Over the past five decades PADI Members have certified millions of divers, instilling a life-long passion for the ocean and the desire to protect it.

Still, the ocean is in crisis. But as the world’s largest network of ocean-advocates with first hand experience of the ocean, it is our legacy and mission to stand up for what we love and achieve balance between humanity and the ocean. Each and every PADI Dive Center and Resort can serve our blue planet as a Torchbearer Mission Hub.  Mission Hubs create opportunities for restorative “fins on” and “fins off” actions to realize the conservation goals set out in PADI’s Blueprint for Ocean Action.

We connected with Phil from PADI 5 Star Dive Center and Mission Hub Dive Grenada, to learn more about thier ocean-saving efforts.

Are you a Torchbearer or Mission Hub with conservation achievements to share? Get in touch! We are proud to elevate the conservation commitments of our community. You can reach us on [email protected].

Hi Phil! So let’s start with the basics: how did you first get into scuba diving? What certification level are you?

I was originally in the Royal Navy in the UK where I learnt to dive and received my UK qualifications. In the late 90s I started diving with PADI and reached MSDT in 2003. I am owner and operator of Dive Grenada (PADI # 16533).

What environmental achievement are you most proud of?

My biggest environmental achievement that I am most proud of is the creation of the Grand Anse Artificial Reef Project (GAARP). We went from conception, construction and installation in about 6 months. Setting up an Artificial Reef (AR) was an idea that came to me when I was dive travelling around the world and felt that I could design and build something with better efficacy than what was out there at the time.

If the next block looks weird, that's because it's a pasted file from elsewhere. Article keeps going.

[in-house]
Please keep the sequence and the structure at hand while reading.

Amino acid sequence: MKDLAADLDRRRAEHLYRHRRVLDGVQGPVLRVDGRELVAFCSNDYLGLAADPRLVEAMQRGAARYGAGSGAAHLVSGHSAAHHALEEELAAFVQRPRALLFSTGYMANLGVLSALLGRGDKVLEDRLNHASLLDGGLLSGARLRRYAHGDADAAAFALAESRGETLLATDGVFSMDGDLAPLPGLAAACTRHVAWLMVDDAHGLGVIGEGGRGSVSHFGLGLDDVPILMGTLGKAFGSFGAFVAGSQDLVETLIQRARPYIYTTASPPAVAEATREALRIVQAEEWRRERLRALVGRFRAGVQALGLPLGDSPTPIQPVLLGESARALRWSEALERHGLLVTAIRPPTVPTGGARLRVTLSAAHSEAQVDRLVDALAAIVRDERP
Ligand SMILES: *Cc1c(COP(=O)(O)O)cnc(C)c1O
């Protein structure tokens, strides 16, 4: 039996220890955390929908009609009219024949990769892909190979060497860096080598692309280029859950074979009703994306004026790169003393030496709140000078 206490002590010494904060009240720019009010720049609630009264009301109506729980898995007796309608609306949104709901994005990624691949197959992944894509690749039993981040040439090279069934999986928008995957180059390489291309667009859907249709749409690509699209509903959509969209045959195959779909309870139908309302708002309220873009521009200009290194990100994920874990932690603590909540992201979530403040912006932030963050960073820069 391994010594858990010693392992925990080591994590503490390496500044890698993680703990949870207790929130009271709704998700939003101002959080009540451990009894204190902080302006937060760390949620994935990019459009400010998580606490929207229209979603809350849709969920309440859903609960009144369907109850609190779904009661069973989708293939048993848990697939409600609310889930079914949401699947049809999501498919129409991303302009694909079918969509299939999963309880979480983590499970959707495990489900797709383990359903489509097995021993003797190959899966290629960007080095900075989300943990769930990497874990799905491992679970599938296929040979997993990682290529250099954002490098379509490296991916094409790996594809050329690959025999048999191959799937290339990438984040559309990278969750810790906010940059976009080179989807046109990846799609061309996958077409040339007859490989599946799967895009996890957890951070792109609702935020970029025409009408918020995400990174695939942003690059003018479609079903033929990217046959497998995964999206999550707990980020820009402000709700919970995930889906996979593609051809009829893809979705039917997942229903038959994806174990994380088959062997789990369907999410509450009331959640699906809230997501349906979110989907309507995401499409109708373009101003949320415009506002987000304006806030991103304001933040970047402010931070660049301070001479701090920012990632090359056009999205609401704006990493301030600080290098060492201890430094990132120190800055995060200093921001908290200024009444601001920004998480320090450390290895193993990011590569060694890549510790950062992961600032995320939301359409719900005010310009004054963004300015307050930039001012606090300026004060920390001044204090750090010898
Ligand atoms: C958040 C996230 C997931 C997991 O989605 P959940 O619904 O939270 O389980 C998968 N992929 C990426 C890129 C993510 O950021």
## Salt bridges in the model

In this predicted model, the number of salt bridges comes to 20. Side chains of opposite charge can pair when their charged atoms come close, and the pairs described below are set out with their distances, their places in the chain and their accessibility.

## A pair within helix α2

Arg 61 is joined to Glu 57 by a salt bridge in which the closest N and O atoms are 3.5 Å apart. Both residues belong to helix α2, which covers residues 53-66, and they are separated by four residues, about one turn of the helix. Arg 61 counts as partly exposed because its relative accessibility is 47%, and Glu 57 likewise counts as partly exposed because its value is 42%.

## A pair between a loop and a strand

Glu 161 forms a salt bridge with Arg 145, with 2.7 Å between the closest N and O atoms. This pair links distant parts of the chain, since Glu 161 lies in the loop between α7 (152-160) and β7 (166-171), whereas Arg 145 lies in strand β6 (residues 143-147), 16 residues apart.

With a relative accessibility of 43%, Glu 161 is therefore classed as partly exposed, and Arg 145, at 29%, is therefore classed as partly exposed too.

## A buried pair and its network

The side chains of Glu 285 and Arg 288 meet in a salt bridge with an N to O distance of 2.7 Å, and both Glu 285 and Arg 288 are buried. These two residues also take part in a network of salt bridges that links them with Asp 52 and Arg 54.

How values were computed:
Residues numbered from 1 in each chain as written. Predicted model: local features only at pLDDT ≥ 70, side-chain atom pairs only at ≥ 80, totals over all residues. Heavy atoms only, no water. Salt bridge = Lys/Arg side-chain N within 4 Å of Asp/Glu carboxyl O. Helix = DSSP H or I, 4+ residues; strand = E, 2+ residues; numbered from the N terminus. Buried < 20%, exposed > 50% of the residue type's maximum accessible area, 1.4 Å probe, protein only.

Tell us more! How did you and your team go about setting it up?

I made myself a very strict criteria that would have to be met:

  1. It must work… and have no negative impact on the marine environment.
  2. It must be close enough to shore so that everyone can reach it easily.
  3. The construction must be strong enough to withstand sea swell and surge, easily made from locally sourced materials, using local labor.
  4. There must a strong educational component allowing the children (and adults of course…) of Grenada to learn and get more involved with Marine Conservation.
  5. The construction and materials should be globally available to ensure transfer of skills to other partners.
  6. Has the ability to create livelihoods and become a unique tourism product.

Is this model replicable elsewhere? What advice would you give other dive centers looking to set up an artificial reef?

The model is extremely replicable and my advice to anyone setting up any kind of project like this is to be ‘smart’ and ensure you have the project financed in a sustainable way. Get all stakeholders involved at the start, including all governmental agencies.

Coral restoration can be tricky, and without the right knowledge we risk doing more harm than good. What advice would you give others interested in coral restoration?

Take advice from persons who are doing something similar and have no ‘hidden agenda’. Make sure you surround yourself with people who know what they are talking about.

Are you and the Dive Grenada Team involved in any other ocean-saving initiatives you can share?

Dive Grenada are carrying out Underwater Clean Up on a regular basis, not just on specific days. We have eliminated all ‘one use’ plastics from the dive shop. We are leading a charge to reduce water use by placing a 500ml bottled filled with sand into cisterns so that amount of water is reduced every time it flushes.

What does using your dive business as a PADI Mission Hub mean to you?

As I see it we have to be role models to the younger generation to ensure that they fully understand that ‘Doing Nothing’ is not an option. Without our intervention the Oceans and Coral Reefs we see today will no longer be viable to sustain life as we know it. So the time for ‘action’ is now.

The one thing I would ask the ‘Torchbearer’ community to do is never miss an opportunity to share their knowledge and educate as many people about the environment and the need for action.

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